Monday, July 11:
After a relaxing last Saturday, we all experienced bittersweet goodbye to Zomba. We spent the majority of Saturday going into town to get last minute gifts, last minute cake at Tasty Bites and then starting to pack up our room and belongings for Club Mak and Lilongwe. We all had a great dinner together, Radford and Virginia Tech girls, as we discussed with Dr. Kelly and Dr. Patti the future plans and foregoing’s of the Chibale Society. The Chibale Society was started in 2005 by Dr. Kelly and Dr. Patti, and was originated on the idea of a scholarship program. (The children who I sponsored to attend secondary school was through the Chibale program.) Throughout the year, the program has advanced and is also the reason for the feeding center at the Malemia School, the chicken raising project at the Demonstration School, and the locks, blackboards and chicken coop at our Government School. The project is still growing, and collectively we came up with some great ideas for fundraising and really promoting the Chibale Society. We then voted on co-Presidents, one from Virginia Tech and one from Radford, to be in charge of the further development and goal reachings for the Society. These people will take lead for the Chibale Society by getting the club recognized at their college campus and setting up materials for the first meeting in September. These girls will be in charge of setting up meeting times, making sure to meet group goals and deadlines, and sending out applications for positions which we will determine at the first meeting. After voting was over, I am honored to say that I was voted into the first Virginia Tech President of the Chibale Society! Danielle was nominated for Radford, so I am so excited to be working side-by-side with her. Now these children really will be with me forever, and the nomination made leaving Malawi that much easier for me. I can leave knowing that I still have so much work ahead of me, and now I can really implement all my ideas and goals into reality. When the meeting was over, Danielle and I met briefly to discuss things we need to do this summer (make a listserve, a facebook group, a facebook page, set up the first meeting, get everyone’s contact information- alumni as well-, send out applications, exc.) and then we divided up the assignments. I am seriously so excited and so honored.
Sunday morning we woke up at 6:45 am, brought our bags down the hill and ate breakfast while Annie’s staff loaded the trailer. By 8:30 am we were saying our goodbyes and giving hugs to Annie and the staff, and then we were on the way to Club Mak! The weather got progressively better as we were driving, and with the cold front we had been facing the past week and a half, we were accepting of the fact we might not have sun. As long as it wasn’t cold, we could deal. We pulled up to Club Mak at about 11:30 am and it was so beautiful! The clouds had partially cleared and the weather was probably in the 70s with a breeze. We all got our room assignments, and Alison, Bebe and I were placed in the beautiful room 35, looking over the beach and Lake Malawi. We quickly changed into our suits and headed to the beach and bar to meet up with everyone else. The following three hours were spent lying out on the beautiful beach, overlooking the mountains and shining water and trying to absorb sunshine on our blinding pale skin between series of clouds.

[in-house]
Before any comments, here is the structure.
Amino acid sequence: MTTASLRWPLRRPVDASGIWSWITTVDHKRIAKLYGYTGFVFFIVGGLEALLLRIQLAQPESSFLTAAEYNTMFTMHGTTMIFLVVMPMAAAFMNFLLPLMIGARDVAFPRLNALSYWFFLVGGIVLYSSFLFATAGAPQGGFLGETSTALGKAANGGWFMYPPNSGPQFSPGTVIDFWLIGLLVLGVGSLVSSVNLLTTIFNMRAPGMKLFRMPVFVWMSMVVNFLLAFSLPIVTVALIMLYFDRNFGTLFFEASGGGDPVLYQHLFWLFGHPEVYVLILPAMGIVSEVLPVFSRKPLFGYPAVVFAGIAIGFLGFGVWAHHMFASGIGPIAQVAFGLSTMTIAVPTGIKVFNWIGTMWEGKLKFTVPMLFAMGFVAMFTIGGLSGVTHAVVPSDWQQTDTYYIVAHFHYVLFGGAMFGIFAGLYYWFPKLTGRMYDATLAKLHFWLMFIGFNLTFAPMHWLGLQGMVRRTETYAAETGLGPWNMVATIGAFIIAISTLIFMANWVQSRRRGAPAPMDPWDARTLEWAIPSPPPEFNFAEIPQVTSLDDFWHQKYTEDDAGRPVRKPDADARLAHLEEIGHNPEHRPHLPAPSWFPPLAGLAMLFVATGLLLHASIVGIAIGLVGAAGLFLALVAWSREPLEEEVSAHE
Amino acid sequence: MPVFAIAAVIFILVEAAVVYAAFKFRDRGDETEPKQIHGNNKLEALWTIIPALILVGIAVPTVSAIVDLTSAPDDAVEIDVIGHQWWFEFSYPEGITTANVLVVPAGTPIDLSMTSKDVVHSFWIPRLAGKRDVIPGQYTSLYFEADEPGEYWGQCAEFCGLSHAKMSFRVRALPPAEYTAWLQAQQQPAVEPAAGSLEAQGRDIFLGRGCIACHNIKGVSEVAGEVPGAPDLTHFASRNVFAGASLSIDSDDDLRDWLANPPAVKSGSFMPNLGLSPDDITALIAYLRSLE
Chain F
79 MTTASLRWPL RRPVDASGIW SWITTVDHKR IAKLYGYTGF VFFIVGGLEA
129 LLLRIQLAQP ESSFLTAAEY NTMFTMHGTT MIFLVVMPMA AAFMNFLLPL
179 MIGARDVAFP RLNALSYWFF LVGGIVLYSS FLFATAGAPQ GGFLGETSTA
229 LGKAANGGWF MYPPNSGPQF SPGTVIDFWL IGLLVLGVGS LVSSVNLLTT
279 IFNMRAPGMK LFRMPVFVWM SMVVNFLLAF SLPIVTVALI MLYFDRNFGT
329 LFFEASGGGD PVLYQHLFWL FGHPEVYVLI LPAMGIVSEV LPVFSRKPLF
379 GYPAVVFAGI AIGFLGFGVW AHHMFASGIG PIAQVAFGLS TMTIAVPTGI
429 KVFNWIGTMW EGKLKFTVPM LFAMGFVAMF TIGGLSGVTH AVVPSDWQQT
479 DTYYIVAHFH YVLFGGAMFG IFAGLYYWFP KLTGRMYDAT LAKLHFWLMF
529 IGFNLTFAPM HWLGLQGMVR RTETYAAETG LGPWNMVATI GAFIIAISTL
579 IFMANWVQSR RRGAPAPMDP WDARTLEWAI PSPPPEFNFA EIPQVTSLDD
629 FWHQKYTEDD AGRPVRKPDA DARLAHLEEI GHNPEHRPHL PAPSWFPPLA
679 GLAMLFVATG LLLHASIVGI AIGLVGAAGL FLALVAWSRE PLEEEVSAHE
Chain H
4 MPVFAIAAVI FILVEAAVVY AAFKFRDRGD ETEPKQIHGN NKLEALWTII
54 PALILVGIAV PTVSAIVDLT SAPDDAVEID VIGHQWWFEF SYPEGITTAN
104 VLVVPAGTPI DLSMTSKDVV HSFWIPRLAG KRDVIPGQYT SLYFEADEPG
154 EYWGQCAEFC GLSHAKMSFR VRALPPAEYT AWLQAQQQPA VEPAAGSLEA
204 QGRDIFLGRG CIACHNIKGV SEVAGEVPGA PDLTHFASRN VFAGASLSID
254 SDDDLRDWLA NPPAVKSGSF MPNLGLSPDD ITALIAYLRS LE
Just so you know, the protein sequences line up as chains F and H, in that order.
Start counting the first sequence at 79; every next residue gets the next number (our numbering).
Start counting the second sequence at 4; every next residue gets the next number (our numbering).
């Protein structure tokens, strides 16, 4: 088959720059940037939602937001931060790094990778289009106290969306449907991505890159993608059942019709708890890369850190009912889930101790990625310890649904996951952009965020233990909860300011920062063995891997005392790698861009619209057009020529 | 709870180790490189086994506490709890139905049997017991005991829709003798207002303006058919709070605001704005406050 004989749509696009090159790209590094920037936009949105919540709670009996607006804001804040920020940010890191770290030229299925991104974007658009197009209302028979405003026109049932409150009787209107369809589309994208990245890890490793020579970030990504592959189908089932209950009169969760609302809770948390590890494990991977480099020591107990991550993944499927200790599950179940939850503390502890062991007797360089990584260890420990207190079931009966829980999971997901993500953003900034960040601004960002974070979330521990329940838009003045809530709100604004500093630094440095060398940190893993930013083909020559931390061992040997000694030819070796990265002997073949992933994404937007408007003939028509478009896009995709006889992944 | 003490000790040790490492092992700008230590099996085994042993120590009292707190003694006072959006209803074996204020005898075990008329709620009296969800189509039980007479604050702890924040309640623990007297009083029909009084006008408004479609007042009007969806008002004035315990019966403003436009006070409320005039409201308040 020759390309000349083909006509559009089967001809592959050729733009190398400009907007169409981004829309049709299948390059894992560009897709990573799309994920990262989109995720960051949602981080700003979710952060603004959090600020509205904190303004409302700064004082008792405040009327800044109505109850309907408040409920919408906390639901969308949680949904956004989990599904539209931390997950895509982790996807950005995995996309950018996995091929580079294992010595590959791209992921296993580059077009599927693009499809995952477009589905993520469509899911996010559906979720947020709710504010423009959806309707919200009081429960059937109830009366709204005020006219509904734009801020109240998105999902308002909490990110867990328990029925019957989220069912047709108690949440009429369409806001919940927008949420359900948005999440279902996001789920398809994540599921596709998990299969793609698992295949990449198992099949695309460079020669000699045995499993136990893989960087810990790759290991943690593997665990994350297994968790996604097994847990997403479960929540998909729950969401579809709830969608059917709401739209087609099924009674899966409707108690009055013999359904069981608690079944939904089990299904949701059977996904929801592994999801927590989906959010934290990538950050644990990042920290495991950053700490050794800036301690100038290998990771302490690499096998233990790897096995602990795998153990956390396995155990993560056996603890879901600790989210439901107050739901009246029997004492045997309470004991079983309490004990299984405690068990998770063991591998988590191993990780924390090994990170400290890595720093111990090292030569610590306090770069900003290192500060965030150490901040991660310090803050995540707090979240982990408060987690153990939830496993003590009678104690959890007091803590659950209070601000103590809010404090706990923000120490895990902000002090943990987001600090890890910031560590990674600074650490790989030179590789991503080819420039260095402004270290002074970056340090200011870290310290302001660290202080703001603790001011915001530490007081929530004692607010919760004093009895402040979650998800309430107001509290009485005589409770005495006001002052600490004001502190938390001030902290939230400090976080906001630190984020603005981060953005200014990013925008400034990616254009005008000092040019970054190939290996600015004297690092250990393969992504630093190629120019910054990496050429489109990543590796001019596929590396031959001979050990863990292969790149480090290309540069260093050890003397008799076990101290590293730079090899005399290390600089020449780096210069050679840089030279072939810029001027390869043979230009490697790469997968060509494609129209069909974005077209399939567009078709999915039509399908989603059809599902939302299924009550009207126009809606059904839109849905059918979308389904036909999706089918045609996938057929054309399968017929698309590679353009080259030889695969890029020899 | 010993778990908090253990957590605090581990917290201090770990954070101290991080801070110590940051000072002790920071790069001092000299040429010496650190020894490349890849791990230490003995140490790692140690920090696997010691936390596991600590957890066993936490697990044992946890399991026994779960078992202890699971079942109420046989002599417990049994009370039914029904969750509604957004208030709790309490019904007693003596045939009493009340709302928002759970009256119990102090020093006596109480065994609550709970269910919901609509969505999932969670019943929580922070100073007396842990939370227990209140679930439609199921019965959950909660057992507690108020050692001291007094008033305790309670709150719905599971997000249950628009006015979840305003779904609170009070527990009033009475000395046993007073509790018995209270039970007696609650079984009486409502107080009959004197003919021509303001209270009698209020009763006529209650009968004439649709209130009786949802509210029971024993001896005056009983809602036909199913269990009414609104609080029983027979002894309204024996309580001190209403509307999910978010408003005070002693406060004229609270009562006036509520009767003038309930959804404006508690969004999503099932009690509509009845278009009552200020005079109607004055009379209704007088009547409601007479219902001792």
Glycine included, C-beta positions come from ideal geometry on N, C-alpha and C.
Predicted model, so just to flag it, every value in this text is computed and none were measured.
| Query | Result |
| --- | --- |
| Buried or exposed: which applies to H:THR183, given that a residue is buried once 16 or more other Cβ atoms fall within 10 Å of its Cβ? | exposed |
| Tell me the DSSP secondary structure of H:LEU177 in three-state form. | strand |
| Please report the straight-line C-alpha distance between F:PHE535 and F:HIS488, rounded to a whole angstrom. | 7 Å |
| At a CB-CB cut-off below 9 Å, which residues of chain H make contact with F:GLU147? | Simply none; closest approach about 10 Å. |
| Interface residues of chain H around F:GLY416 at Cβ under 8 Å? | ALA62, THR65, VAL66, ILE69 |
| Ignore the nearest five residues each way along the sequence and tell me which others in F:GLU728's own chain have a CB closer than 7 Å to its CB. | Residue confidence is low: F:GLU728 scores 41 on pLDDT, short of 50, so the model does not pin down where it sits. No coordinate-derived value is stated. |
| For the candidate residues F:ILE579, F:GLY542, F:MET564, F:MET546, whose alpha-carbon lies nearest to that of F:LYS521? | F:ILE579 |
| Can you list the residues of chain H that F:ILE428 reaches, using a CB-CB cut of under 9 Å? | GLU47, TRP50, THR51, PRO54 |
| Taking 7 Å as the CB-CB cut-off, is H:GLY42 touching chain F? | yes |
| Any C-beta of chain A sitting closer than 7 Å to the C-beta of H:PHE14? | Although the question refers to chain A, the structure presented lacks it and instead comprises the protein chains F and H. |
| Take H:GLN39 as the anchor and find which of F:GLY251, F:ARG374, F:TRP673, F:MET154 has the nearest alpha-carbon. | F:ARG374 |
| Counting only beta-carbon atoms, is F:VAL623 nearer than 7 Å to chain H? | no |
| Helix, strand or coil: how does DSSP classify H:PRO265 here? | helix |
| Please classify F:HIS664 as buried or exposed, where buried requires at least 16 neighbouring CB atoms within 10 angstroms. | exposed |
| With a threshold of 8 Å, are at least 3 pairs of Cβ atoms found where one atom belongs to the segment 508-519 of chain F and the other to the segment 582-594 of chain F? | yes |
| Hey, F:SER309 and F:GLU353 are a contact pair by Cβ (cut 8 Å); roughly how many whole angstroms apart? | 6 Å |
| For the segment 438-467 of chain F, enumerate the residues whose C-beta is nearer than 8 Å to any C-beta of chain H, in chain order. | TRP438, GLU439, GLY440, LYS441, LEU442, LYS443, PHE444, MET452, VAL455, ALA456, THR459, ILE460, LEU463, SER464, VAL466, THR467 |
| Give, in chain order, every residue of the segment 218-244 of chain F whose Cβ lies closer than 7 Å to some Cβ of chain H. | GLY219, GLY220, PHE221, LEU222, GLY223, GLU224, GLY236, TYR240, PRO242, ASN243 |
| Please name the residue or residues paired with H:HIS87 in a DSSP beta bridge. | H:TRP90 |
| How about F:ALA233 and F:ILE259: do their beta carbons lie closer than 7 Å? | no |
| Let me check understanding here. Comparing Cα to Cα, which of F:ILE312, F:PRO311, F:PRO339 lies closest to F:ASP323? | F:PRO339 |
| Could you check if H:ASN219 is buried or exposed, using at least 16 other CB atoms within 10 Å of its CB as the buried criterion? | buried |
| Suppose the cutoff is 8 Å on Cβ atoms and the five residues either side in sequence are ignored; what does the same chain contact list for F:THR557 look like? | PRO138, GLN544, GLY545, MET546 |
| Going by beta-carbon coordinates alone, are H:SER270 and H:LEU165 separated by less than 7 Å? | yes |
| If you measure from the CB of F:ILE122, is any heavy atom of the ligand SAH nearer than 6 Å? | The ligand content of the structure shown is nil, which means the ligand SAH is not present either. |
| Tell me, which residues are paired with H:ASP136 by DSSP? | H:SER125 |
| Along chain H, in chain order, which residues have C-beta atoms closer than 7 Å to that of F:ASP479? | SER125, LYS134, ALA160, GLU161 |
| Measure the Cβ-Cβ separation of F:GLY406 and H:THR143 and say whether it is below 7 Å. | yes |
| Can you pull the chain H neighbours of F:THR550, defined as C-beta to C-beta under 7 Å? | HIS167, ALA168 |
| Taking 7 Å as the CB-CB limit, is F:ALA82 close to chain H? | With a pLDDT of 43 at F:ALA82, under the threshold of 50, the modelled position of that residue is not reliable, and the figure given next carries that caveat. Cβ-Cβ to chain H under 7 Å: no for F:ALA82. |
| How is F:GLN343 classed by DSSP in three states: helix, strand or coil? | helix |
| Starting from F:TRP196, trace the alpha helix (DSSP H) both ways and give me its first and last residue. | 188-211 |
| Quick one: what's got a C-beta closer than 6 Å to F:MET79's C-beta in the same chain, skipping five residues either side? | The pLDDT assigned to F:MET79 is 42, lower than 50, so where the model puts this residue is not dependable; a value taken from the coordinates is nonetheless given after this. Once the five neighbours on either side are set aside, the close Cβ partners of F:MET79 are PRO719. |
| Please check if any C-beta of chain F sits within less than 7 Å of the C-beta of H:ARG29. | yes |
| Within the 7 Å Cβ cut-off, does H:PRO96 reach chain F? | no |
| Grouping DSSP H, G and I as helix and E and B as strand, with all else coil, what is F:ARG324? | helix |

After a few hours and realizing the sun probably wasn’t to get any brighter, we all took a walk outside of Club Mak towards the vendors and to explain the rest of the resort. As beautiful and relaxing as it was, we all agreed that nothing could top Camp Mvuu. The food, the staff, the location, the chalets; everything was absolutely perfect (minus the freezing nights). When we got back from the venders, we all headed back to the beach for more drinks. One thing turned into another, and before I knew it Katie, Alison, Danielle and I were entertaining all the boys on the beach while trying to attempt one-handed cartwheels. The sun started quickly going down, and our bottles of wine had made us well-off. We decided we should probably shower, so Alison and I headed to our rooms and all said we would meet back at the bar in 45 minutes. Of course, since Alison and I can’t do anything like normal people, we thought it’d be such a fun idea to shower together in our bathing suits just like we did when we were kids! Next thing you know, we’re in our suits jumping around in the shower, making mohawks with shampoo in our hair. Mature, I know. We’re a pretty dynamic duo if you ask me.